Archaeological Publications

Archaeological Consultancy Services and its staff have contributed to a wide variety of publications in the last twenty years. Here are some of the more significant of these publications.

 

Corrstown-a-coastal-community

Corrstown: A Coastal Community. Excavations of a Bronze Age village in Northern Ireland by Victoria Ginn and Stuart Rathbone presents the results of the excavation and analysis of 76 Bronze Age structures excavated by Archaeological Consultancy Services between 2002 and 2003. Along with the well-publicised Bronze Age village, an Early Christian rath and rock-cut souterrain were investigated, together with the recovery of a small collection of Neolithic pottery. The excavation which was funded by the Kennedy Group was highly commended in the developer funded archaeology category of the British Archaeological Awards in 2004. The British Archaeological Awards are recognised as the UK's most prestigious in the field and are designed to celebrate the work of both amateur and professional archaeologists on a biennial basis. The publication of the excavation was funded by Archaeological Consultancy Services and Oxbow Books. Check Robert Chapple's blog for an in depth review of the book which can be purchased direct from Oxbow books or Amazon.

 

Life-and-death-archaeology-of-M4-Motorway

The Archaeology of Life and Death in the Boyne Floodplain, The Linear Landscape of the M4 by Neil Carlin and Linda Clarke of Archaeological Consultancy Services and Fintan Walsh of IAC Ltd. was published by the National Roads Authority in August 2008, and brings together the results of the extensive archaeological work that was undertaken on the M4 Kinnegad–Enfield–Kilcock motorway scheme (M4 KEK) prior to the commencement of construction. Archaeological Consultancy Services were awarded two of the three advance archaeological contracts. This publication represents a substantial contribution to our understanding of the early medieval period in particular but also of the early Iron Age and of later developments. The great scope of work presented in this monograph is indicative of the professionalism and enthusiasm of all of the archaeologists involved in the project. An accompanying CD-ROM to the publication incorporates various final excavation and specialist reports. It can be purchased directly from Wordwell Books.

 

Places-along-the-way-M3-archaeology

Places along the way First Findings on the M3 edited by Mary Deevy (NRA) and Donald Murphy (ACS) presents substantial accounts of and reflections on eight of the most significant sites excavated by Archaeological Consultancy Services on the M3 Clonee to North of Kells motorway scheme between Dunboyne and Navan in County Meath—an area incorporating the broader landscape around the Hill of Tara. While the evidence from the sites concentrates heavily on the early medieval period, there are also substantial traces of prehistoric and later medieval activity. The book also contains an important contribution to the documentary evidence for later medieval settlement. For more details see the review and purchase information at Wordwell Books.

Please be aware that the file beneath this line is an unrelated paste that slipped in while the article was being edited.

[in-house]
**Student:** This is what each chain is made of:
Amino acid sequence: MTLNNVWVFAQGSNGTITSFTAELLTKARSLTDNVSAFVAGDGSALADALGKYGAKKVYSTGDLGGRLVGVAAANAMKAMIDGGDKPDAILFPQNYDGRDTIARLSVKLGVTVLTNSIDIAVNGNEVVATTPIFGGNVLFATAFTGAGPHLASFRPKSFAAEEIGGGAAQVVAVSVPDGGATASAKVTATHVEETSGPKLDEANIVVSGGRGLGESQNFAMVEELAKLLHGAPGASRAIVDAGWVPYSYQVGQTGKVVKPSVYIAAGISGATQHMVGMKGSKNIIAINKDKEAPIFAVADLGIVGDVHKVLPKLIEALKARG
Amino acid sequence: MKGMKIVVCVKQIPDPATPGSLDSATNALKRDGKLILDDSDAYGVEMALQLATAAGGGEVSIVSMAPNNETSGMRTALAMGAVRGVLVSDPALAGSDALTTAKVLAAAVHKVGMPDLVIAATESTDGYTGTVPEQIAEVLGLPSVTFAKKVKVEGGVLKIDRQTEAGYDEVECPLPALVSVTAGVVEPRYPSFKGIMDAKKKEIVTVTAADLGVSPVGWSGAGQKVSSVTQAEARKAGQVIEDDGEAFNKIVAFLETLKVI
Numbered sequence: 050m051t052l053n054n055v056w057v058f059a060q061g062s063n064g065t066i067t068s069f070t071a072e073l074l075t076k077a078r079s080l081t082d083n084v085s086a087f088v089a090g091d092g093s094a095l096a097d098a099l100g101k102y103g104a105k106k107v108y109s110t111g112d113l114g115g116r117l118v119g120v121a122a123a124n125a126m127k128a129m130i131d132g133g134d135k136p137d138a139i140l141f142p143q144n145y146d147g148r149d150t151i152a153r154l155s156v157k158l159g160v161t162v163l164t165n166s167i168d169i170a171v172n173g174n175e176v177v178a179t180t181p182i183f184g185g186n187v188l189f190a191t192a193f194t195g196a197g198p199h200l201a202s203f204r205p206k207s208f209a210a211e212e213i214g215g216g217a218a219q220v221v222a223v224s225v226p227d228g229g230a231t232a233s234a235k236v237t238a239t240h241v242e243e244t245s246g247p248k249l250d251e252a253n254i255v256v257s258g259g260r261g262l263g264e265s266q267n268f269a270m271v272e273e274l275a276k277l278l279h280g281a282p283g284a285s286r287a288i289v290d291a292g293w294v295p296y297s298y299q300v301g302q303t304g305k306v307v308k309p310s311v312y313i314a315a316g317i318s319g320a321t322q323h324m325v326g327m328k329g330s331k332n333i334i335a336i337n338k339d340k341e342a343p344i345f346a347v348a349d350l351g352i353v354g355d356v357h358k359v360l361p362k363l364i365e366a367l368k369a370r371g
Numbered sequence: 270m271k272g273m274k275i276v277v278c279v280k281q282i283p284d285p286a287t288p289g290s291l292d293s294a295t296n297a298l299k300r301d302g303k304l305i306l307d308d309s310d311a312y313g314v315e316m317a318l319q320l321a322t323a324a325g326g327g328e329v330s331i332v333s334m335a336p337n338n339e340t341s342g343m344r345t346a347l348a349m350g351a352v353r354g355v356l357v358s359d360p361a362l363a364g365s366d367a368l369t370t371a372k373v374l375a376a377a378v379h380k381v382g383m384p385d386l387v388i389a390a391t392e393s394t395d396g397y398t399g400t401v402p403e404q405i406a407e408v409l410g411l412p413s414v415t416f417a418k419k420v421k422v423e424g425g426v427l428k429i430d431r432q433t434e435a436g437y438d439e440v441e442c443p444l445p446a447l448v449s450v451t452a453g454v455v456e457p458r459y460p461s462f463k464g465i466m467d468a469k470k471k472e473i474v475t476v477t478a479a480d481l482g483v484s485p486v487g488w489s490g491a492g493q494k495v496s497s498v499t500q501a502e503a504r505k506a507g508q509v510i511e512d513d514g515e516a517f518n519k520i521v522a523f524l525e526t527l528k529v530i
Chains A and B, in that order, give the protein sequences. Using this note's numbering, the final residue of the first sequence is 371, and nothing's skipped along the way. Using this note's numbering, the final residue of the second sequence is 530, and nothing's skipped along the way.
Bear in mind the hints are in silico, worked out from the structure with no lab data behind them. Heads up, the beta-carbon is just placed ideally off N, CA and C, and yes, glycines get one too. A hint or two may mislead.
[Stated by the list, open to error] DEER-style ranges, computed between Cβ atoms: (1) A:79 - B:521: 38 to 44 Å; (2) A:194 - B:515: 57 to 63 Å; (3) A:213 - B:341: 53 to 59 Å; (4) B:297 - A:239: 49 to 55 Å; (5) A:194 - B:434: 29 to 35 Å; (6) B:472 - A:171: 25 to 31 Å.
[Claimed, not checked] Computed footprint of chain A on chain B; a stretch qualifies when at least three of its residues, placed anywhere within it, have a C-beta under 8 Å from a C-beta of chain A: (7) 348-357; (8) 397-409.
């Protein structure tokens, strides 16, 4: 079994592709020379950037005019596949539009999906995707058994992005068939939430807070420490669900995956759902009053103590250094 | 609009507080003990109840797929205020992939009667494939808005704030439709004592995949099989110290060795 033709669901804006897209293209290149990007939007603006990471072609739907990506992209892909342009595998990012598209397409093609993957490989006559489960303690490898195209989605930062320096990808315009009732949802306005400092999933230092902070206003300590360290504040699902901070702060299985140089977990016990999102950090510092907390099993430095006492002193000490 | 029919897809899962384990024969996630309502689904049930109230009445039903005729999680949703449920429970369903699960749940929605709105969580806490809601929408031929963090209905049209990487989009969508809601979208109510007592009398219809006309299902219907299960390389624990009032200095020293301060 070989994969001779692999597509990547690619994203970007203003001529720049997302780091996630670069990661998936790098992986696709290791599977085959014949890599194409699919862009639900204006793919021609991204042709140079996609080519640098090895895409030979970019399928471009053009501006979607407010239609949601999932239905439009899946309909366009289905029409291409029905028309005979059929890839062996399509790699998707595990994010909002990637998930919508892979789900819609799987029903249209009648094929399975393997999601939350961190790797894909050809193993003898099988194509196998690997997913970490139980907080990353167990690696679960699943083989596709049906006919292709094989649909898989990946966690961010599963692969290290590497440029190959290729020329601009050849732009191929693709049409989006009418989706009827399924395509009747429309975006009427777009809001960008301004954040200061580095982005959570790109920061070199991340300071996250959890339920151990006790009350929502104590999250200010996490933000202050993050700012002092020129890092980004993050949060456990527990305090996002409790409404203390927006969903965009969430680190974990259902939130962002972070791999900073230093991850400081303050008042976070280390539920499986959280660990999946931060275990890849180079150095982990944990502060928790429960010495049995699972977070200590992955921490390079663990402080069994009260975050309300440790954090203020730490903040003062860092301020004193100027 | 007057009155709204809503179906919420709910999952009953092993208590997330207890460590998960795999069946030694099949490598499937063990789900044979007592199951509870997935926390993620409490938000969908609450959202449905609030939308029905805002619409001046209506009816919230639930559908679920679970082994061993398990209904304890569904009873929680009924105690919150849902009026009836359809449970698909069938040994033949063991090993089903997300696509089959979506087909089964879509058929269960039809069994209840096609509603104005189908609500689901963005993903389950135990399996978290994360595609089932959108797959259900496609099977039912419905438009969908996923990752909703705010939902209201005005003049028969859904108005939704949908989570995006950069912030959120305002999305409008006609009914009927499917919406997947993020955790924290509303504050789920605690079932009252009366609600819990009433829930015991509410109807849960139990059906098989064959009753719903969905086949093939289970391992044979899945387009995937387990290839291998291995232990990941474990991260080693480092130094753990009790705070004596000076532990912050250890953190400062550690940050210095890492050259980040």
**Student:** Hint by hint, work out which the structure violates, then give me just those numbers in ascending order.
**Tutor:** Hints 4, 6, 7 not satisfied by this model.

Generations Archaeology Book Page 1

Generations: The archaeology of five national road schemes in Co Cork (edited by Ken Hanley & Maurice Hurley) deals in two volumes with the results of the archaeological excavations carried out in advance of five national road schemes in Co. Cork. Three of these schemes, the M8 Rathcormac/Fermoy Bypass, the N22 Ballincollig Bypass and the N25 Youghal Bypass were carried out by ACS between 2001 and 2004. ACS staff have contributed significantly to this publication and the final archaeological reports for all the sites are included on a cd rom which comes with the book. For further details and to purchase copies of the publication see wordwellbooks.com.

 

 

Monumental-Beginnings-Archaeology-Sligo

Monumental Beginnings, The archaeology of the N4 Sligo Inner Relief Road by Ed Danaher is an account of the archaeological excavations carried out along the N4 route by Archaeological Consultancy Services. The excavations revealed significant archaeological activity dating back some 6,000 years and included a large ceremonial enclosure at Tonafortes and a causewayed enclosure at Magheraboy. More details can be found online at Wordwell books.

 

Clanricards-Castle-Portumna-Archaeology

Clanricard's Castle, Portumna House, Co. Galway edited by Jane Fenlon is a richly illustrated book that brings together ten essays by experts in the fields of architecture, history, archaeology and art history, each throwing light on a different aspect of the planning, development and features of one of Ireland’s most important seventeenth-century buildings. Chapter 5, Portumna: the excavations by Donald Murphy & Victoria Ginn gives a full account of the excavations carried out at the castle between 1997 and 2009. The excavations were funded by the National Monuments Section and directed by Donald Murphy of Archaeological Consultancy Services. More details can be found on our Projects Page and the book itself can be purchased directly from Four Courts Press.

 

Clonmacnoise Studies